Academic journal article International Journal of Action Research

Walking the Talk? A Micro-Sociological Approach to the Co-Production of Knowledge and Power in Action Research

Academic journal article International Journal of Action Research

Walking the Talk? A Micro-Sociological Approach to the Co-Production of Knowledge and Power in Action Research

Article excerpt

This article is a contribution to the ongoing discussion in reflexive action research about how the 'co' in co-production can be understood in the nexus of epistemology and methodology. We apply a micro-sociological approach together with a Foucauldian conception of power/knowledge in the exploration of how knowledge and power relations are negotiated in a workshop which was a part of Action Research project in psychiatric setting. Few action research studies show in detail how power relations between participants affect the knowledge production and we argue that this theoretical and methodological combination has the potential to unpack the local workings of power. The analyses show how knowledge and power are intimately related and intertwined. Our orchestration of the workshop, for instance, bears consequences for the generated context and production of knowledge. It paradoxically becomes an exertion of power by which we in- or exclude certain voices in spite of our good intentions not to do so. In conclusion we assert that any involvement is a powerful act and that we as researchers have an ethical obligation to reflect on the complexity of and tensions involved in the co-production of knowledge in order to "walk the talk" and try to live up to the democratic ideals in Action Research.

Key words: micro-sociological approach, power, participation, knowledge forms, co-production

In Action Research (AR), there is a prevailing ideal of democratic knowledge production in a transformative process. Together, researchers and practitioners are able to "identify important emerging issues that would otherwise remain invisible" (Bammer, Brown, Batilawa, & Kunreuther, 2003, p. 86) and produce new knowledge in a mutual development of practice. In this collaboration, the relationships and the local "networks of power dynamics" (Reason & Bradbury, 2001) which are formed are essential to the knowledge production, and to the possible outcomes of the research and change process. "Participation" is a defining characteristic of AR, based on the central premise that research is enacted "with" people rather than "on" or "for" them (Heron & Reason, 2001). The ideal is a democratic relationship in which both sides exercise power and shared control over the research process. Within this framework, researchers are supposed to act as committed facilitators, participants, and learners rather than distanced, neutral observers, analysts, or manipulators (Arieli & Friedman, 2009, p. 265).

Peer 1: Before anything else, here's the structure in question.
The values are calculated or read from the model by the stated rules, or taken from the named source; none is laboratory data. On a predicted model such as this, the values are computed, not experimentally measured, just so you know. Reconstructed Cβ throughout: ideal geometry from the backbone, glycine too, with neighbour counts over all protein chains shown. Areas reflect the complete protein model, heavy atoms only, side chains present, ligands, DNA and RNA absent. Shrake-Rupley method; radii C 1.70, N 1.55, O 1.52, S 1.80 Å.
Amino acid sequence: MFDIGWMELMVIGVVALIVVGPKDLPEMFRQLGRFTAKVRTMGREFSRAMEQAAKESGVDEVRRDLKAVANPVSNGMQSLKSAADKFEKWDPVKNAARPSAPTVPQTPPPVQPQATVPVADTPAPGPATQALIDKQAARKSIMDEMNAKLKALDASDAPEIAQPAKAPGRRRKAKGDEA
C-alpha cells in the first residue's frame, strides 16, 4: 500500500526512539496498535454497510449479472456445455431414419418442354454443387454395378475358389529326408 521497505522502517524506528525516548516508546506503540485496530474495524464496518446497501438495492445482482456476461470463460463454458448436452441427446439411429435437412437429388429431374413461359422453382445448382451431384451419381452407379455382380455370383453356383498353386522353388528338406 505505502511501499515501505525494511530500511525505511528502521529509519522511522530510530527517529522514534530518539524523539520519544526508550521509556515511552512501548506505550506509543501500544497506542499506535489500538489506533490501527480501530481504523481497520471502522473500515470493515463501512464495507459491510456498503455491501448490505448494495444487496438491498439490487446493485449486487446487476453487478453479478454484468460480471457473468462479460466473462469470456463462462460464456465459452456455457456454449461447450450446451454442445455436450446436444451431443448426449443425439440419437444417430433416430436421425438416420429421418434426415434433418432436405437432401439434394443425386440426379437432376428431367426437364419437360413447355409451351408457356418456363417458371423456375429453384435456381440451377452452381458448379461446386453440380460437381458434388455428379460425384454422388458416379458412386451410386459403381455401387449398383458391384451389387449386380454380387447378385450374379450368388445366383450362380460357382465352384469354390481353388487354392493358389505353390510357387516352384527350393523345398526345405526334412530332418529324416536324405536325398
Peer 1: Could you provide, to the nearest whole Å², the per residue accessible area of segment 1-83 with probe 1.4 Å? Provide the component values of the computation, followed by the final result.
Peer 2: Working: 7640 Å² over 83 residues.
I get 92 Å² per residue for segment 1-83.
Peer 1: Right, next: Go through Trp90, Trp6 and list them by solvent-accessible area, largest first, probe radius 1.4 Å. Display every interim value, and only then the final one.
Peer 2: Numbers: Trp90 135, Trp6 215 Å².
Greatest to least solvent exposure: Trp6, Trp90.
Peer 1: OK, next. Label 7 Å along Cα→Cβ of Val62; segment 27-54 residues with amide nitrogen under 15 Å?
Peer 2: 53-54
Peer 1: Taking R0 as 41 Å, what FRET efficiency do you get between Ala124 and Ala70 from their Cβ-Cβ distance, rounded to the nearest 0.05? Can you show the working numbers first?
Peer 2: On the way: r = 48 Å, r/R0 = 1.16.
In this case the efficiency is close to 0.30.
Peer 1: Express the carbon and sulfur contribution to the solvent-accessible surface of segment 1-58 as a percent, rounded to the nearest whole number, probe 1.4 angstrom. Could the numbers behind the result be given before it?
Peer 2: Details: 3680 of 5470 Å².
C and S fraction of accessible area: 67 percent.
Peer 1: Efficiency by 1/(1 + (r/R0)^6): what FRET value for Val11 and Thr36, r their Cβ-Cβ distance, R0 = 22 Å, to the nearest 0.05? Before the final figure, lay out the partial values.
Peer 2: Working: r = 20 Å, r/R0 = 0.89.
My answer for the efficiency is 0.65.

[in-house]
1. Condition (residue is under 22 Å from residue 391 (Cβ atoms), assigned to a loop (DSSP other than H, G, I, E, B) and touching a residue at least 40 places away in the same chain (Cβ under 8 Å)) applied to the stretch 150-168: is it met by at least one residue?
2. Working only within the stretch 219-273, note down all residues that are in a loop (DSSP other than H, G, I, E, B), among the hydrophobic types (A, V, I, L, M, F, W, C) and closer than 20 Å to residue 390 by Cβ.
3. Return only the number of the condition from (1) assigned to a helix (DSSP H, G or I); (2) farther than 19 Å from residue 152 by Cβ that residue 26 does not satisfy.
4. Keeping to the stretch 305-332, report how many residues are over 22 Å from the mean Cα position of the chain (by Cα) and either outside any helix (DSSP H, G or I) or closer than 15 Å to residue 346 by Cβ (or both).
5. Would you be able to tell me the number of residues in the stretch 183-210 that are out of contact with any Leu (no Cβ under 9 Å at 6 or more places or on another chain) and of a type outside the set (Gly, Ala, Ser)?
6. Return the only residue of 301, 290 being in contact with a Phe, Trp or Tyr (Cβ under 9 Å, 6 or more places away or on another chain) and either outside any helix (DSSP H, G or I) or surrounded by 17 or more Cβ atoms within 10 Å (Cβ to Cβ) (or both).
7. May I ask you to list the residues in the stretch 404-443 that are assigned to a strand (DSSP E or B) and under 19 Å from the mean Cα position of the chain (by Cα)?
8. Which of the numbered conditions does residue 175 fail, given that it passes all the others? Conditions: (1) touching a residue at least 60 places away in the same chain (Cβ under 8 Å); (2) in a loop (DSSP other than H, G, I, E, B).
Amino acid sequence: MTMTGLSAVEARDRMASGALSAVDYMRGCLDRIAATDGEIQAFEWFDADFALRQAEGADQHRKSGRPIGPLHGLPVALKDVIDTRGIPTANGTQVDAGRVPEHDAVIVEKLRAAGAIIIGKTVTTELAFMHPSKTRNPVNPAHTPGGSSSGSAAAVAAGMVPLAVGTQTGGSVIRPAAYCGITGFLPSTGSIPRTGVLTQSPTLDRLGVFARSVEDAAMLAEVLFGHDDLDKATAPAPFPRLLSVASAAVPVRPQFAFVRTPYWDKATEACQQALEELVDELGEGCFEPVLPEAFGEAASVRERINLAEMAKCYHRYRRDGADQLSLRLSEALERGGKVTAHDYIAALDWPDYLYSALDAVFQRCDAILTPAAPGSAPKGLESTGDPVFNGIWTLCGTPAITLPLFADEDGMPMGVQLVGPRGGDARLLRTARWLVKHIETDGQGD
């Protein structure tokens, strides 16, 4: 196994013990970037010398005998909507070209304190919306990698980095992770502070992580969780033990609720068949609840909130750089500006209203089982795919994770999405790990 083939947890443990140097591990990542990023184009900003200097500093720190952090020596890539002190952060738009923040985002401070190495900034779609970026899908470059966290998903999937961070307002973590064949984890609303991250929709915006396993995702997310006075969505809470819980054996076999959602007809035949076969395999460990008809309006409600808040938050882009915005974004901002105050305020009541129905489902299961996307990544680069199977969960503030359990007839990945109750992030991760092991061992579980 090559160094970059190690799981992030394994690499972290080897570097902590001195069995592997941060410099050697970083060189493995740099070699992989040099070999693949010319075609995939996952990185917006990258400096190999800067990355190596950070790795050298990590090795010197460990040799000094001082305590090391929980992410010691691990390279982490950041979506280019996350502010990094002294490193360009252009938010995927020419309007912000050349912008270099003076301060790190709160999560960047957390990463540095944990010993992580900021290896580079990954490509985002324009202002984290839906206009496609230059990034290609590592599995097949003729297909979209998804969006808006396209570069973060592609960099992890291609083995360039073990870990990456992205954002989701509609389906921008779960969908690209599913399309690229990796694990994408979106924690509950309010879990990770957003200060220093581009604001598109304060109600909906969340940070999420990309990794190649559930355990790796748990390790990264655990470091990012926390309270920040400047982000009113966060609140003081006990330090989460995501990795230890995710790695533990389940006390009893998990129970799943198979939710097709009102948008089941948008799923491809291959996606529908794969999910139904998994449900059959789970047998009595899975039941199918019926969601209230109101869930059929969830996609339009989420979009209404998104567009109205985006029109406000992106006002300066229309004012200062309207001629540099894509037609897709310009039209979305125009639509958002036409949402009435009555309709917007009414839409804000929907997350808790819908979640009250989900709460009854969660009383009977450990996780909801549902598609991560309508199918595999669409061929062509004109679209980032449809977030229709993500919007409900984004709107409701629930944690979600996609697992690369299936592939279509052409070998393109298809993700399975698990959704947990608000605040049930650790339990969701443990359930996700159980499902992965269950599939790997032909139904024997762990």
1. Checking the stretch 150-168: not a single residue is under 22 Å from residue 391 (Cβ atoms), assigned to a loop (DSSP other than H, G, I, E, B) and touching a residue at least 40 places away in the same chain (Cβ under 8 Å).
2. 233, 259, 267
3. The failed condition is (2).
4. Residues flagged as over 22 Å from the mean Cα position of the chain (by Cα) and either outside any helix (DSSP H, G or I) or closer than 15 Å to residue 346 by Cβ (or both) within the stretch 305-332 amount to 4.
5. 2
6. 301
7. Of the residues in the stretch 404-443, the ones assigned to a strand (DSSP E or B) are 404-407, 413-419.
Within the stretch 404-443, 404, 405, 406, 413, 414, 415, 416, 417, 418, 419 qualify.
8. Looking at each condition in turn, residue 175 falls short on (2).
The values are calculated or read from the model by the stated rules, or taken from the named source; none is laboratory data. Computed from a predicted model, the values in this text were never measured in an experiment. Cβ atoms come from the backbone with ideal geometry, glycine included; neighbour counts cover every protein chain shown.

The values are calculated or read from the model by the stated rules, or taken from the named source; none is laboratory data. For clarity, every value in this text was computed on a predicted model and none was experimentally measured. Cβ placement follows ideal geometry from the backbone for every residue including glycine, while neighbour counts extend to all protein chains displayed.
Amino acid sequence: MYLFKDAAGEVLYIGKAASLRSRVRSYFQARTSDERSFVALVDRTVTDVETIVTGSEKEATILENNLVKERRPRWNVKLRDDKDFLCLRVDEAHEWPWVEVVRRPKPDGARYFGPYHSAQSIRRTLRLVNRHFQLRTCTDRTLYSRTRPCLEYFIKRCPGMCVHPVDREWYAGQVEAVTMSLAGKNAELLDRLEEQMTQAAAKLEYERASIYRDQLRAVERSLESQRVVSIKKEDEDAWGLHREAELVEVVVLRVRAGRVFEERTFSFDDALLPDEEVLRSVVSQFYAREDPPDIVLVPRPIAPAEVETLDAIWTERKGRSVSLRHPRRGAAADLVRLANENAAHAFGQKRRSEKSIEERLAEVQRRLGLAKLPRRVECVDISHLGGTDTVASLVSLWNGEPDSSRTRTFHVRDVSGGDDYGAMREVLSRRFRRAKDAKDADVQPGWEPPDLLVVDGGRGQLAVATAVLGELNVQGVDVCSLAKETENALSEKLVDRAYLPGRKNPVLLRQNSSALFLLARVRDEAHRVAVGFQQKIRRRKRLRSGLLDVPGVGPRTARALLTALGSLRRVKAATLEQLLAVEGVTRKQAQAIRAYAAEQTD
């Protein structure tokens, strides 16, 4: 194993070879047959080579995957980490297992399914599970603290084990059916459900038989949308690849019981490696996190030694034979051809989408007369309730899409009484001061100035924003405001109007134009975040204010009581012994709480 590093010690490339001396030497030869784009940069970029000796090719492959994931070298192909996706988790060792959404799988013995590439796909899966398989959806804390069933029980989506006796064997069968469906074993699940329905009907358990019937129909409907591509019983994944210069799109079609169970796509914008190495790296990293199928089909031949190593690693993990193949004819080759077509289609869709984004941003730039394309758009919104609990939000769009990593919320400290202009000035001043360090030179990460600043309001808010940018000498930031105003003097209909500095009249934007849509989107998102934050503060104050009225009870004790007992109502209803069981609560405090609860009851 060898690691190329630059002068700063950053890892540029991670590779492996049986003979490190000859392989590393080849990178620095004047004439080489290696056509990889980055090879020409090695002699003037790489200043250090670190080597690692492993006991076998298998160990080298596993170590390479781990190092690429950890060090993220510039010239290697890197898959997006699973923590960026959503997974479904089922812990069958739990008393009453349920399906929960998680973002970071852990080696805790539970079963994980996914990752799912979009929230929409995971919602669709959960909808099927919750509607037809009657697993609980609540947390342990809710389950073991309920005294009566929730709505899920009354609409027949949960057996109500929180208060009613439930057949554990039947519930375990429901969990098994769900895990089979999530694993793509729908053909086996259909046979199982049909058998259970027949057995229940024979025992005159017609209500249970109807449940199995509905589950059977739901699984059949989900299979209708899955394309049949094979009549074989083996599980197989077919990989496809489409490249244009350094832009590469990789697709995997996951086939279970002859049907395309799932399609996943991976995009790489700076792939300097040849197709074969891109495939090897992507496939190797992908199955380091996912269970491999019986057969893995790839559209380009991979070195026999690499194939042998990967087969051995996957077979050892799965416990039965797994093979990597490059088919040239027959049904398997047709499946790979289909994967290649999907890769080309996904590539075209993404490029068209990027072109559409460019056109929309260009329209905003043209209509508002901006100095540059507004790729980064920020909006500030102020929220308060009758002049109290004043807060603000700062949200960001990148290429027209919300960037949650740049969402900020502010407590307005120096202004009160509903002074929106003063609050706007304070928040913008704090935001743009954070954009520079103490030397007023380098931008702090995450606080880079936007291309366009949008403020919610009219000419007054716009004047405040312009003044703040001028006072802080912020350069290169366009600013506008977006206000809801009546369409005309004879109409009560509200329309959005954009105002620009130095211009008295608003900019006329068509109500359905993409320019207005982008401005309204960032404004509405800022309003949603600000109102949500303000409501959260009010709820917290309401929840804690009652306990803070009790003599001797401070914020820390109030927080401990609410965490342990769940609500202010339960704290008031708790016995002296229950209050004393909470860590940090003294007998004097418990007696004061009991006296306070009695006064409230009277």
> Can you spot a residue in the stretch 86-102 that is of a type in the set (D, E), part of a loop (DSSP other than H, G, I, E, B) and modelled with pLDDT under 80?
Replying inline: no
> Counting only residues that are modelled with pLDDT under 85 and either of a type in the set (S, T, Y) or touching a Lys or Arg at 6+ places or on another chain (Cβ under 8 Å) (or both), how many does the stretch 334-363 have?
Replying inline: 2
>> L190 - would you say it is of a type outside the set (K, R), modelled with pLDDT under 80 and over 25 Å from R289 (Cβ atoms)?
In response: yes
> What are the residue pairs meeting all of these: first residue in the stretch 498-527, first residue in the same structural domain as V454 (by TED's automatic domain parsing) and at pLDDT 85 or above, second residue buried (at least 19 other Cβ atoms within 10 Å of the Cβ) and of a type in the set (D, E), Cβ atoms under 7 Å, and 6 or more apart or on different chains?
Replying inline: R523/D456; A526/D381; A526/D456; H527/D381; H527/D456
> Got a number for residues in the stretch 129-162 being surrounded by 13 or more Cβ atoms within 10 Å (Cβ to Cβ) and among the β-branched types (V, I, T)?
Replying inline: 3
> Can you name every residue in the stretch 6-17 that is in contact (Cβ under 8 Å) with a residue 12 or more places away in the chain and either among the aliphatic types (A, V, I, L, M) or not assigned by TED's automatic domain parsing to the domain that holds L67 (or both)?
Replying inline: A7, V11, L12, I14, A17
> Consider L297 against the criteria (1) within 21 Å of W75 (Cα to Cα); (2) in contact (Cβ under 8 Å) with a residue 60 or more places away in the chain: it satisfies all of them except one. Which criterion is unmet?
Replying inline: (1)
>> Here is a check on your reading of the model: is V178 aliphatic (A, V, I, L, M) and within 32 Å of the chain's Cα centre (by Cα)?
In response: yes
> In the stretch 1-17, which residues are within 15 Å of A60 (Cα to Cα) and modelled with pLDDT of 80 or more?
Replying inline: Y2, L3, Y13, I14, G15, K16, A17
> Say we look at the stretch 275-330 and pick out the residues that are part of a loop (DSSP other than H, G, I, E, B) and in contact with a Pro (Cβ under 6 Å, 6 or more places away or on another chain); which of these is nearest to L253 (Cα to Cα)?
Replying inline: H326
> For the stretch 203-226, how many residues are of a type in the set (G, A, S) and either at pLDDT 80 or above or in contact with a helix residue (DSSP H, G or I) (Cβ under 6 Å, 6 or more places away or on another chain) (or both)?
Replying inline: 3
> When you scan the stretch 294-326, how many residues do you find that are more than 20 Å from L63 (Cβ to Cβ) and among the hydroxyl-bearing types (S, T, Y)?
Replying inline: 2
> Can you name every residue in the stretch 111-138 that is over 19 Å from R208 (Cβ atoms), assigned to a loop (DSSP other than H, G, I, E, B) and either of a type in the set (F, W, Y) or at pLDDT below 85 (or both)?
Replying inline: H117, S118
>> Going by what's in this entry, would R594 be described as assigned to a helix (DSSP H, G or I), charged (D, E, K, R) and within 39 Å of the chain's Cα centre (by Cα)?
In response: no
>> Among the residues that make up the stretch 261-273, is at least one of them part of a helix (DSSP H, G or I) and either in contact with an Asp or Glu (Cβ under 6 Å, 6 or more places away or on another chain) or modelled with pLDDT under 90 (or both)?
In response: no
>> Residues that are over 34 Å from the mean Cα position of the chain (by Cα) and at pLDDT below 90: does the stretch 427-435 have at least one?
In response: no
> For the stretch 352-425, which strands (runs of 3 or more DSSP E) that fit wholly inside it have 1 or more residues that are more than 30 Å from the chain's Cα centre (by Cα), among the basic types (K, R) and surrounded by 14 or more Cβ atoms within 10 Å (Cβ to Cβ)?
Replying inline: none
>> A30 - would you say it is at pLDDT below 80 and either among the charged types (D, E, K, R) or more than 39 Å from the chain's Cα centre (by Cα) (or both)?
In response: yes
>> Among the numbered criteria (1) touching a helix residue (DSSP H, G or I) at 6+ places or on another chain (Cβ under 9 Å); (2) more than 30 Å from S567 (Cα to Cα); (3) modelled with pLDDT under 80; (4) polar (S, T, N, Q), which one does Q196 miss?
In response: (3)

Time and again, in our own research, we have encountered a tension between the openness to different voices we as Action Researchers seek to establish through the co-production of knowledge, on the one hand, and, on the other hand, the exclusion of voices we ourselves engender through our interactions with practice (Phillips, 2012, p. 148). In our opinion, researchers must dare to deconstruct their understandings of the nature of 'proper' research relationships and 'proper' knowledge forms if they are to tackle this tension and "walk the talk" of co-production in action research. We argue that a micro-sociological approach has the potential to unpack the momentby-moment changes in the relationships between participants in an AR project and expose how different knowledge forms, academic as well as practice based and situated, come into play. In this article, we look into the nexus of epistemology and methodology and discuss how we, the researchers, seem to invite and initiate a co-production, and how the process of coproducing knowledge affects the "whaf: that is, the knowledge co-produced in the situated context (Phillips & Kristiansen, 2012).

We present an analysis of video footage from a workshop which we and practitioners held after one year of collaboration in an AR project in two psychiatric wards. We had worked alongside the practitioners in formulating the following objective for the project: "to establish psycho-educational situations which meet the needs of the patients". …

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